A: Hmmm. This is a tricky one. I think the dress code implied for non-Indians is traditional black tie, but if you are Indian, going with the traditional formal dress is encouraged. I don’t think it means that non-Indians should try to incorporate or interpret the cultural outfits. However, I do like the idea of showing a little love to the cultural norms. I would suggest a dark tailored suit with a white mandarin (band) collar shirt. This will look sharp and appropriate, with only a subtle nod to the Indian culture. Admittedly, though, I’m probably not the best guy to answer this question. Therefore I’m going to tap into the AoS network of stylish dudes, and reach out to the best-dressed Indian man I know; Ishandev Hiremath. Ishan are you listening? Can you provide this gentleman with some advice? (I’ll email Ishan to try to get him to respond…). Cheers mate, enjoy the wedding!

Career Decision

Q: My name is David, and I’m graduating from USC tomorrow. I have a pretty significant decision to make. I’ve got an offer on the table to go to NYC for investment banking with a big bank, and I can also stay in LA and work in finance. But my passions have always been business and fashion (the latter largely inspired by you, since 2012), and I wanted to pick your brain about both before I commit to anything… I’m at a crossroads, do you have any advice?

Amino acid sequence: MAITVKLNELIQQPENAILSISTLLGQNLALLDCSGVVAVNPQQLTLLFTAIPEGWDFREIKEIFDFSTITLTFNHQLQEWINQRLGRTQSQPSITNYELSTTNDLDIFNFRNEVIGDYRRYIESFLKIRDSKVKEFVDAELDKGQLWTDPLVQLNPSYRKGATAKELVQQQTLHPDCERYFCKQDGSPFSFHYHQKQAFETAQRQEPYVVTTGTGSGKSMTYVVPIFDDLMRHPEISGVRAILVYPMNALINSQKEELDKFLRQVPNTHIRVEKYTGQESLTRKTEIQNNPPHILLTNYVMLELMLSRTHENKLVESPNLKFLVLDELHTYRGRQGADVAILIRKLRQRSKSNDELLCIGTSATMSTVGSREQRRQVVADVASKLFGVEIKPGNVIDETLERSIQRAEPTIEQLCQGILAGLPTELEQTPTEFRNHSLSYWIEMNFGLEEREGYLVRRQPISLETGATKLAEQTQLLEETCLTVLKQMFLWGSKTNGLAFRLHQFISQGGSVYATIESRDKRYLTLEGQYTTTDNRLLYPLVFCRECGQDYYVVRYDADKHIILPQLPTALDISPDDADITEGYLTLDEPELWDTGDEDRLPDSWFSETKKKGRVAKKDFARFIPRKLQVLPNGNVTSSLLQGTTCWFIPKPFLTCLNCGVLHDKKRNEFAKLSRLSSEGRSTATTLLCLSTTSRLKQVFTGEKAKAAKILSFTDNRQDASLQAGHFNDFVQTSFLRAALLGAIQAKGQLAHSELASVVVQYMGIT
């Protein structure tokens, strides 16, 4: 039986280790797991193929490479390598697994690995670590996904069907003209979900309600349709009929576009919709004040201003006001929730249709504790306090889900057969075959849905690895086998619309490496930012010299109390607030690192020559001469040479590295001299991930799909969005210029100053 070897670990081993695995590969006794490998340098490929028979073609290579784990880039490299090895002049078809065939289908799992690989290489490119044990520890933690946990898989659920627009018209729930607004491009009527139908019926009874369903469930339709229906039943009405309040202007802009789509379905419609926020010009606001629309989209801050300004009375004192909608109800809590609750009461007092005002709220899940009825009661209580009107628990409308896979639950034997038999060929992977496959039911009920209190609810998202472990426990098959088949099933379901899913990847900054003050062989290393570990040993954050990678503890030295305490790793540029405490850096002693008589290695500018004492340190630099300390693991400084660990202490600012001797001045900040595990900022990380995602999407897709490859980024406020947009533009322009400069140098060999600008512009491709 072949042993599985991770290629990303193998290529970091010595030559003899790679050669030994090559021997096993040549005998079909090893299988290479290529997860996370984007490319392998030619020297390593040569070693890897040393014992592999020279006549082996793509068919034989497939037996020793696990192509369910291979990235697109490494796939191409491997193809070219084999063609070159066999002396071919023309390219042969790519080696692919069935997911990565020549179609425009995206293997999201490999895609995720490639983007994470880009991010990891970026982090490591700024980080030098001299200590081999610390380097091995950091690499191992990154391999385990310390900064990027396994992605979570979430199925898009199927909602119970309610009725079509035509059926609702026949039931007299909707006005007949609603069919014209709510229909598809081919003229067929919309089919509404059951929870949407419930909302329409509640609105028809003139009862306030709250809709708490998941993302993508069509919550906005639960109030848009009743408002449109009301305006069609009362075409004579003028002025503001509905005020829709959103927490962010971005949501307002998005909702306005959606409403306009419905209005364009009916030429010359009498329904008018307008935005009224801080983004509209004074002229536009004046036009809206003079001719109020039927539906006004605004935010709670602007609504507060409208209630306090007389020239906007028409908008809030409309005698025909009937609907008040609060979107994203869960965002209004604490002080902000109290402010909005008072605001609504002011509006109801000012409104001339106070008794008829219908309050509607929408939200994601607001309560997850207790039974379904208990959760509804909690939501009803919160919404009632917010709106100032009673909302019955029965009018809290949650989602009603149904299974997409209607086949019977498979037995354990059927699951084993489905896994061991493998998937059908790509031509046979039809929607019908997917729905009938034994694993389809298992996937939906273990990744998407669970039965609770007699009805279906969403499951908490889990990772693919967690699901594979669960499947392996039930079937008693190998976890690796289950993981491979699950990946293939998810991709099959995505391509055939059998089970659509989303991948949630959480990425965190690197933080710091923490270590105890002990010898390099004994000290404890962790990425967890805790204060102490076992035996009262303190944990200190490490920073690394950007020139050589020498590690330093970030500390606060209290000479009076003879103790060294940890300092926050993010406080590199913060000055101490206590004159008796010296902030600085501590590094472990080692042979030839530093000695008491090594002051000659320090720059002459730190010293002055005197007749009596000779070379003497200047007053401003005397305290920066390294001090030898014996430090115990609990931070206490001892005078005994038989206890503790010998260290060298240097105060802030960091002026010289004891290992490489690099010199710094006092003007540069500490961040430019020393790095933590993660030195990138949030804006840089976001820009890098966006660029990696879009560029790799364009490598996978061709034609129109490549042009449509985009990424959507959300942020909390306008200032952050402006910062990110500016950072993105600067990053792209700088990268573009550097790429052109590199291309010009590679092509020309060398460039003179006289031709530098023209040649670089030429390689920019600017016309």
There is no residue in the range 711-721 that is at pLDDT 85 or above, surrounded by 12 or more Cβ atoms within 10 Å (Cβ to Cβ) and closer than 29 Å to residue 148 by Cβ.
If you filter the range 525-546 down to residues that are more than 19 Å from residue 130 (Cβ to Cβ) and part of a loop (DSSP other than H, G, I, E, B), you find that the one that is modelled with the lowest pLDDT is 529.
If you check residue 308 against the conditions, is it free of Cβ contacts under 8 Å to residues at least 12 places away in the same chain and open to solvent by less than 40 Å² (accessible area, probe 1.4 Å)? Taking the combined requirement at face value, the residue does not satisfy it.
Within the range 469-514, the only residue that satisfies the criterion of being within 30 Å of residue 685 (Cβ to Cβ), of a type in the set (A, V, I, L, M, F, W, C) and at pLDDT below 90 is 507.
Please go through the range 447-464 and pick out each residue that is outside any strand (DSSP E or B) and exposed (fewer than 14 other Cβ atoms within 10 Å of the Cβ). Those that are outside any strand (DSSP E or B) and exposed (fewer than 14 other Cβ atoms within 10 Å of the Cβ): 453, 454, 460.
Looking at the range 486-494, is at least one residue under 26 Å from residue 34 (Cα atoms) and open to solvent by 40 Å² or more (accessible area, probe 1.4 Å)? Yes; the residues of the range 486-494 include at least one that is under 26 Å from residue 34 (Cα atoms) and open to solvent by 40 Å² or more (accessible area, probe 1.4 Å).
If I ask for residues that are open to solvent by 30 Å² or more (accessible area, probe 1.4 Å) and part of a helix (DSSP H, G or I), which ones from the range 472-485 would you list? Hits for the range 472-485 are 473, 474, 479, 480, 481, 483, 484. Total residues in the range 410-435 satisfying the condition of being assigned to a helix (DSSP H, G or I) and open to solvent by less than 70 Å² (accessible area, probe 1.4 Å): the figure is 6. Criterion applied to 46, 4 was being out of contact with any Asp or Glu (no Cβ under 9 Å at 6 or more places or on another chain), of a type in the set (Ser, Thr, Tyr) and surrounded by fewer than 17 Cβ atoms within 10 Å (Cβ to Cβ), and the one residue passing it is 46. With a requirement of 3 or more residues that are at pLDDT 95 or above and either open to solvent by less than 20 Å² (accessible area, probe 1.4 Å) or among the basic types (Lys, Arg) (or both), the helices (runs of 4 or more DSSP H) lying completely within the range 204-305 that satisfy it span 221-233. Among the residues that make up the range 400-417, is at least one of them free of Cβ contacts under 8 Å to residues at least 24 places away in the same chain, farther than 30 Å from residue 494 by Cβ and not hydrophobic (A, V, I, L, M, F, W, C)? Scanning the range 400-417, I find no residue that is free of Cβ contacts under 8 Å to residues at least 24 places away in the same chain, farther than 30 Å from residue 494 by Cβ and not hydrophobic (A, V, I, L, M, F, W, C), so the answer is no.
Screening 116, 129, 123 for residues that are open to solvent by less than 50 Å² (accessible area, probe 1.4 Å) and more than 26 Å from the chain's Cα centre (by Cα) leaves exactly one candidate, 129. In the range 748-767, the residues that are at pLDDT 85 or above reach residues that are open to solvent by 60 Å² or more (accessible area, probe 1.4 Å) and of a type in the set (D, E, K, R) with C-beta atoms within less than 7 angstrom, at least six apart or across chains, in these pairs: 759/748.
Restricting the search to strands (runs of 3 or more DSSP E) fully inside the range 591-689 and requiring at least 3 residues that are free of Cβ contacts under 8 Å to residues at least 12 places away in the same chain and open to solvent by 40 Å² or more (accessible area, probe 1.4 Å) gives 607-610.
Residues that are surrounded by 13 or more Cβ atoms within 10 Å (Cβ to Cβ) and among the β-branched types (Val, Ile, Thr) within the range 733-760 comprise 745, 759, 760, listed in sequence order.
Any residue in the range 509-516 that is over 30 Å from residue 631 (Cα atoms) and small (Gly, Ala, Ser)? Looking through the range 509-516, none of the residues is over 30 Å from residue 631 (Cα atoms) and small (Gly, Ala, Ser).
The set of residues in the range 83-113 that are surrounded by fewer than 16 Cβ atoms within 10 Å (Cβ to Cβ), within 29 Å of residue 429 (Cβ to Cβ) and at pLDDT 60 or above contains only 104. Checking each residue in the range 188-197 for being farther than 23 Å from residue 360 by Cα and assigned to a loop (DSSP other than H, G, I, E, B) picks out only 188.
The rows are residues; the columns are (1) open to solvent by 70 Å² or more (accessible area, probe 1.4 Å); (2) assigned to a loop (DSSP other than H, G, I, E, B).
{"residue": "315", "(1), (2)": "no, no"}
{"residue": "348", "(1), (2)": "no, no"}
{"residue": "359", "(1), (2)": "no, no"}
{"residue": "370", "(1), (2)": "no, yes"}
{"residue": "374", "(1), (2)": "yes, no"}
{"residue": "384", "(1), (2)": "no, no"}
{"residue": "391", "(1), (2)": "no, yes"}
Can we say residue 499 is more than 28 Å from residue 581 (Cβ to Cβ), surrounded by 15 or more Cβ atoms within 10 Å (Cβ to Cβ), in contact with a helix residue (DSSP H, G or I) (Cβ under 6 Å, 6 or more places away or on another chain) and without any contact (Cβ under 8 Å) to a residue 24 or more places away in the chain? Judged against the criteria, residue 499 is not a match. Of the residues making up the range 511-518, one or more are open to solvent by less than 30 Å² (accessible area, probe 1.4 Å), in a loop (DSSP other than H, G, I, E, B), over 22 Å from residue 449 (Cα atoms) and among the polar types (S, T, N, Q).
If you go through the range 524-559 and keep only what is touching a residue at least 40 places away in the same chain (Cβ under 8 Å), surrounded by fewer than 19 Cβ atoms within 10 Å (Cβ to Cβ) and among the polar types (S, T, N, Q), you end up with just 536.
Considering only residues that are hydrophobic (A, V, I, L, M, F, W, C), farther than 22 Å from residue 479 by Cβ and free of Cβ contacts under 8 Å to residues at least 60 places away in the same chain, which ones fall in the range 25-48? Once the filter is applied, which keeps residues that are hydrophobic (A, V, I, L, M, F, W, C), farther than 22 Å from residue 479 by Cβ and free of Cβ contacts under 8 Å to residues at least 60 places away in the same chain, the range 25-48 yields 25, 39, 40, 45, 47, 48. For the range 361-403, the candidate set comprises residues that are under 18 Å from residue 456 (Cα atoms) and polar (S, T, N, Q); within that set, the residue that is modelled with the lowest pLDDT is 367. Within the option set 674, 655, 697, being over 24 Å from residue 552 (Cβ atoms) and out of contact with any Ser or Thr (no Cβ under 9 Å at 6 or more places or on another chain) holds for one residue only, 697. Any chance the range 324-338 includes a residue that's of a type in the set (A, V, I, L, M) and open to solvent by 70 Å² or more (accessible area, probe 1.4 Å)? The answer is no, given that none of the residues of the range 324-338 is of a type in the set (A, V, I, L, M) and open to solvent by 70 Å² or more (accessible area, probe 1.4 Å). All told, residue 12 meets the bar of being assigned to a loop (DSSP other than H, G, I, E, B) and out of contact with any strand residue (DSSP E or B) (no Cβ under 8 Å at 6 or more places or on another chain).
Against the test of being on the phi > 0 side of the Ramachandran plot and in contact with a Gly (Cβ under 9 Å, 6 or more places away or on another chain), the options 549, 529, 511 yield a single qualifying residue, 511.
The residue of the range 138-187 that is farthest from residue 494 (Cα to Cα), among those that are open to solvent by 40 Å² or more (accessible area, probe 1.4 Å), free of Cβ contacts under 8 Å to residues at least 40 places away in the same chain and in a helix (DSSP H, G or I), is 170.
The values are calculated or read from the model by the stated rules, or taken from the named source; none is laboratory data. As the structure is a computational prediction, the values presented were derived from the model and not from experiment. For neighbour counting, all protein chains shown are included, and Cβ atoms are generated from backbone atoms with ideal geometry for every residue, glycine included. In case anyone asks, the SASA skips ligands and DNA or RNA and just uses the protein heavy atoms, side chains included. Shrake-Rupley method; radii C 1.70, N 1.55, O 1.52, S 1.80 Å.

A: Ahh, the classic banking career versus fashion career decision. I faced a very similar dilemna when I was graduating from Columbia and interning on the trading floor of a large Wall Street bank. This is a really personal decision, and I’m not sure I feel totally comfortable swaying you in one direction or the other without knowing you better, but I’ll share my perspective for your reference. In the banking world, you know what your getting. Lots of long hours, lots of number crunching, lots of ladder climbing, and lots of money. It’s a reliable career path that leads toward a wealthy, stable future with a virtually unbreakable routine. On the other hand, your interests in “business and fashion” makes me think you’re considering exploring a more creative, entrepreneurial side driven by passion and mystery. This can be fun and exciting, but it can also be very stressful and uncertain. I’ll put it like this: my college roommate is now an investment banker. He has a lot more money than I do and knows exactly what he’ll be doing for the next few years. I have significantly less money than him but a lot more time and flexibility, and I get adrenaline just thinking about the future potential of my business. Ultimately I think it depends on what kind of guy you are, and what kind of opportunities you were given. What brings you joy and excitement, versus anxiety and stress? Do you operate better with a routine and linear lifestyle? Do you have a back-up plan if things don’t work out? Lastly, I would take a longer look at this “passion for fashion”… What do you envision yourself doing in the industry (better than others)? What are the positions you’re considering, and the career paths associated? If it’s just about buying cool clothes and looking fly, you can do that in any profession (especially if you got the $$$).